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 A338380 Replace every term a(n) by the pair [a(n), a(n)] to form a new sequence S: S is the succession of the absolute differences of the starting sequence. 1
 1, 2, 3, 5, 7, 10, 13, 18, 23, 16, 9, 19, 29, 42, 55, 73, 91, 68, 45, 61, 77, 86, 95, 114, 133, 104, 75, 117, 159, 214, 269, 342, 415, 324, 233, 165, 97, 142, 187, 248, 309, 232, 155, 241, 327, 422, 517, 631, 745, 612, 479, 375, 271, 196, 121, 238, 355, 514, 673, 887, 1101, 832, 563, 905, 1247, 1662, 2077 (list; graph; refs; listen; history; text; internal format)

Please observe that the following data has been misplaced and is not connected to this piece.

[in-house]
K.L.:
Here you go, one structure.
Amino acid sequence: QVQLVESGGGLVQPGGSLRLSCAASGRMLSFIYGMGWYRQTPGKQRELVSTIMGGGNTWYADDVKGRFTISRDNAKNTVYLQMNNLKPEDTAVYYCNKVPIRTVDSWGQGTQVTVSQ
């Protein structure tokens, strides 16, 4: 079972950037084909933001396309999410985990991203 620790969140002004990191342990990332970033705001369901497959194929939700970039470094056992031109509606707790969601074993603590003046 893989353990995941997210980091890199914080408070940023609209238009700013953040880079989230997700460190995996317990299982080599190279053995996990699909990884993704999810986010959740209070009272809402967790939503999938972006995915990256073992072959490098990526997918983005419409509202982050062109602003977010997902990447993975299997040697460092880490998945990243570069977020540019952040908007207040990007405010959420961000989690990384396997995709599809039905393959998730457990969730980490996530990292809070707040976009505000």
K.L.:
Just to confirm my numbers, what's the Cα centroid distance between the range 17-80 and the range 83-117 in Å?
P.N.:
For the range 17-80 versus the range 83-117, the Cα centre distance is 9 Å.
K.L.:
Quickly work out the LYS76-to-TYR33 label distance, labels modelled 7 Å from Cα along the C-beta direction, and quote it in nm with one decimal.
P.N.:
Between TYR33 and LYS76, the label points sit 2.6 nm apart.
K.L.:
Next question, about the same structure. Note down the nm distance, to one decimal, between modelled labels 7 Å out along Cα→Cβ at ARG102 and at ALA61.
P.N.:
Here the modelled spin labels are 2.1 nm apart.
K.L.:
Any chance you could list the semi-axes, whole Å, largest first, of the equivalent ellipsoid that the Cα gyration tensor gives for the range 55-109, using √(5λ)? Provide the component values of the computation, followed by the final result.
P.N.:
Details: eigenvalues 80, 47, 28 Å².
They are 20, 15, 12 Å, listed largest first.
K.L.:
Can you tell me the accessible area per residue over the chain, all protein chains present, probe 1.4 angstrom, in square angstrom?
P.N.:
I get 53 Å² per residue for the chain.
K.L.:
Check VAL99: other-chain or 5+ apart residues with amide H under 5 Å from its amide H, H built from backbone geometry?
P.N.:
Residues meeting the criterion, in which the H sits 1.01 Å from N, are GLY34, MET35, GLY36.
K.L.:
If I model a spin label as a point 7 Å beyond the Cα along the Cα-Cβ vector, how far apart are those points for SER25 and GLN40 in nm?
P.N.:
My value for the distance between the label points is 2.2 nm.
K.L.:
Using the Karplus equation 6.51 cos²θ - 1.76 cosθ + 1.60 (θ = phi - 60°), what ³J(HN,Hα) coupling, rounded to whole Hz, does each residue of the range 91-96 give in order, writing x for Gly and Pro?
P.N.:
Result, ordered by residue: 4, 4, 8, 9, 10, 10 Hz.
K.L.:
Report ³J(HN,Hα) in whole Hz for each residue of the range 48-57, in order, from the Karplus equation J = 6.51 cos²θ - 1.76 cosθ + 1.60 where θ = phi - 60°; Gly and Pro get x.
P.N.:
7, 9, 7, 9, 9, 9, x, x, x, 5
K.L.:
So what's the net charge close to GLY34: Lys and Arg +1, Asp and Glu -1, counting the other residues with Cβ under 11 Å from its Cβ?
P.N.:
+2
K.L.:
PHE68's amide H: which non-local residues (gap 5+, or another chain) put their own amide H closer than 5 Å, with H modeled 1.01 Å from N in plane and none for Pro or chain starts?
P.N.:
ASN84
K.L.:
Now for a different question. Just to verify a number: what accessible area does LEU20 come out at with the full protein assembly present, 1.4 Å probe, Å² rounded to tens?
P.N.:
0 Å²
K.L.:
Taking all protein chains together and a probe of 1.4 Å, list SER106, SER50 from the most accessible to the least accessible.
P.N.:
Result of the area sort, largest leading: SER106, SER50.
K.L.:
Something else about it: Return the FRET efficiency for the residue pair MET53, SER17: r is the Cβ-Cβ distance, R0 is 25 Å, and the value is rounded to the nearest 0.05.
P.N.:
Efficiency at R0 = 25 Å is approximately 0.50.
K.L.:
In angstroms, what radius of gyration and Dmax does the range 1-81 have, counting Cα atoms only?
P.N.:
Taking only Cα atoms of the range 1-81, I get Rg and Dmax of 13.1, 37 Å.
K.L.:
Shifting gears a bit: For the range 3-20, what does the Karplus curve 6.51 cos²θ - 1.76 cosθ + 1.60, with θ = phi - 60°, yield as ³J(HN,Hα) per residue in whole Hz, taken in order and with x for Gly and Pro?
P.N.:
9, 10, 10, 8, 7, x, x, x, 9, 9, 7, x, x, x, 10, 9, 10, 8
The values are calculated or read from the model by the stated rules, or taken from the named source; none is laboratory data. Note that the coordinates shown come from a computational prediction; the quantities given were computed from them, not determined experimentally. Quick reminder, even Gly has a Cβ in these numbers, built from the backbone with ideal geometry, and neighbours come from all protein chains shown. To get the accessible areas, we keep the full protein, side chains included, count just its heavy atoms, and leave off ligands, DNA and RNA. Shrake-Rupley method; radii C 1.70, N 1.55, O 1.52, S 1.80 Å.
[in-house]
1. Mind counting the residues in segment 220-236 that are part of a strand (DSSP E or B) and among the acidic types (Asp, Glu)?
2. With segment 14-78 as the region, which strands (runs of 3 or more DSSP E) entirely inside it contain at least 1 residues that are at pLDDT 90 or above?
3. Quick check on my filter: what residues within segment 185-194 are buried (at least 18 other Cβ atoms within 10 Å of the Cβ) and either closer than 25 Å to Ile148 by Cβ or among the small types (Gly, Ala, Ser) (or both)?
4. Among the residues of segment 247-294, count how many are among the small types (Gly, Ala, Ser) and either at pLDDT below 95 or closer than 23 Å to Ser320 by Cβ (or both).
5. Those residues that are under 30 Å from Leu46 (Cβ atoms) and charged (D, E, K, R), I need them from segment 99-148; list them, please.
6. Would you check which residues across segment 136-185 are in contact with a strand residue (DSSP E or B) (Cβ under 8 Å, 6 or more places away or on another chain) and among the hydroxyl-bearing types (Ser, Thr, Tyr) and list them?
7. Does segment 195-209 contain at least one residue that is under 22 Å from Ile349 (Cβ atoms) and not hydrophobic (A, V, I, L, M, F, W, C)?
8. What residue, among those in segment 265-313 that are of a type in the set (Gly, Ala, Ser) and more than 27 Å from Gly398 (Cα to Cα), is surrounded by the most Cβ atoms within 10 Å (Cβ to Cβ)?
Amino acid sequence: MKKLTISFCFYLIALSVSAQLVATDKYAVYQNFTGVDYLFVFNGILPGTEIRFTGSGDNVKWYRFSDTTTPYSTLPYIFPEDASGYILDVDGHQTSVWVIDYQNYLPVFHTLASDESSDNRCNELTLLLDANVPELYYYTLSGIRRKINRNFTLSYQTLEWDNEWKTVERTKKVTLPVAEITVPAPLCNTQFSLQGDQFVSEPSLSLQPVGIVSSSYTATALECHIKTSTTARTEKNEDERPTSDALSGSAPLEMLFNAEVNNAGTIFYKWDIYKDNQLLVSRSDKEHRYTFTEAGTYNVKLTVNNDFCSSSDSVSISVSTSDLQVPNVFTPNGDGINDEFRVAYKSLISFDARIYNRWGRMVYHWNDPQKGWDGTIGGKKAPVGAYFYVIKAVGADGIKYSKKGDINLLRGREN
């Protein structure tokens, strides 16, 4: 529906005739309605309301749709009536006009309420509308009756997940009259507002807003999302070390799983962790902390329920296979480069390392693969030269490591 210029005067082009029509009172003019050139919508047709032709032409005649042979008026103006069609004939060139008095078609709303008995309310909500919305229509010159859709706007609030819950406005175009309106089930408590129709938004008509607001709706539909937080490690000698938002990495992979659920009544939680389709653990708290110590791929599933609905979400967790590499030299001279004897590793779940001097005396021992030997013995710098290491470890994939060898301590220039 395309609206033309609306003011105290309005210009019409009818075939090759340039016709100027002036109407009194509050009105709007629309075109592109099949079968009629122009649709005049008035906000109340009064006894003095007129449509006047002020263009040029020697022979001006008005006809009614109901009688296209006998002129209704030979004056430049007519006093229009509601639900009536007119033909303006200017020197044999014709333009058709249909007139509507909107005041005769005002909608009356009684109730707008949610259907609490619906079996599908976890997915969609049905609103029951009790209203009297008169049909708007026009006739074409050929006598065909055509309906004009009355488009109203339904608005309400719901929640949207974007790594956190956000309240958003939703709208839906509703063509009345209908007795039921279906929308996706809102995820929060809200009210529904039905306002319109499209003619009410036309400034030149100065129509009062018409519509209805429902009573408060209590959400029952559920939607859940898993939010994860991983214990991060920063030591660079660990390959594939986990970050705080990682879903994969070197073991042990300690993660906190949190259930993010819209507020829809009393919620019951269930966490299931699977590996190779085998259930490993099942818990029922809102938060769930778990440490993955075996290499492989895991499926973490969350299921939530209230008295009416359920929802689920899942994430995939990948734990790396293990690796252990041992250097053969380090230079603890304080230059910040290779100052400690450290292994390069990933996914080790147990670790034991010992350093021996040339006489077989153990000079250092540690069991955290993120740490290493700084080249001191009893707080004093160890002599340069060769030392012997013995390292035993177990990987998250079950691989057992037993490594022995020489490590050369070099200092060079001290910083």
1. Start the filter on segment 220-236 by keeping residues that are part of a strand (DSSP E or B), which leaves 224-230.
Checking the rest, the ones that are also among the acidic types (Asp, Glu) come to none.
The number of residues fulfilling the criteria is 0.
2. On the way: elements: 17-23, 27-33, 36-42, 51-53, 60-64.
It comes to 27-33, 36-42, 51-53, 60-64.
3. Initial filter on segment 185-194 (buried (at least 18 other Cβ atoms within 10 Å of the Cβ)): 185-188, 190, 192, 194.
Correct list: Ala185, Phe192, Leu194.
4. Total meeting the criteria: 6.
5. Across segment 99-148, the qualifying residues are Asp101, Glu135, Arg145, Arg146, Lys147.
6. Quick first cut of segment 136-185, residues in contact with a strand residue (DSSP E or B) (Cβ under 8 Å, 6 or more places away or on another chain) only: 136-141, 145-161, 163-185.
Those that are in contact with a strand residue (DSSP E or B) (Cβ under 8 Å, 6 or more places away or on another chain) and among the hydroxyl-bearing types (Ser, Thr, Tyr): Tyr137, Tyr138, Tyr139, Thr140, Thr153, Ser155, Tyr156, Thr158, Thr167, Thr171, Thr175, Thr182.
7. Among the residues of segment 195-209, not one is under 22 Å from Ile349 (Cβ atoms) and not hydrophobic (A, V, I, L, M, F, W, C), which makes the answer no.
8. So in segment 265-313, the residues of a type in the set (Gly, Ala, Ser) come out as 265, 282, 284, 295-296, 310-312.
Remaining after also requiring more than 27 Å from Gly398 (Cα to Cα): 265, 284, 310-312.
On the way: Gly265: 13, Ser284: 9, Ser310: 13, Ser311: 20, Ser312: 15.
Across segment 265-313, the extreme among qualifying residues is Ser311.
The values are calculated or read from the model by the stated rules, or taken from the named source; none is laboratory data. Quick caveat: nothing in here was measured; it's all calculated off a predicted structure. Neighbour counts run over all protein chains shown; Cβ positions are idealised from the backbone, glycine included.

OFFSET 1,2 COMMENTS This is the lexicographically earliest sequence of distinct positive terms with this property. LINKS Carole Dubois, Table of n, a(n) for n = 1..5001 EXAMPLE The successive absolute differences between two successive terms are 1, 1, 2, 2, 3, 3, 5, 5, 7, 7, 10, 10, 13, 13, 18, 18, 23, 23, 16, 16, 9, 9,... which is the sequence itself with every term duplicated. CROSSREFS Cf. A033485 (same sequence, but strictly monotonically increasing). Sequence in context: A213213 A319470 A115001 * A309408 A347647 A008766 Adjacent sequences:  A338377 A338378 A338379 * A338381 A338382 A338383 KEYWORD base,nonn AUTHOR Eric Angelini and Carole Dubois, Nov 05 2020 STATUS approved

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Last modified September 20 05:24 EDT 2021. Contains 347577 sequences. (Running on oeis4.)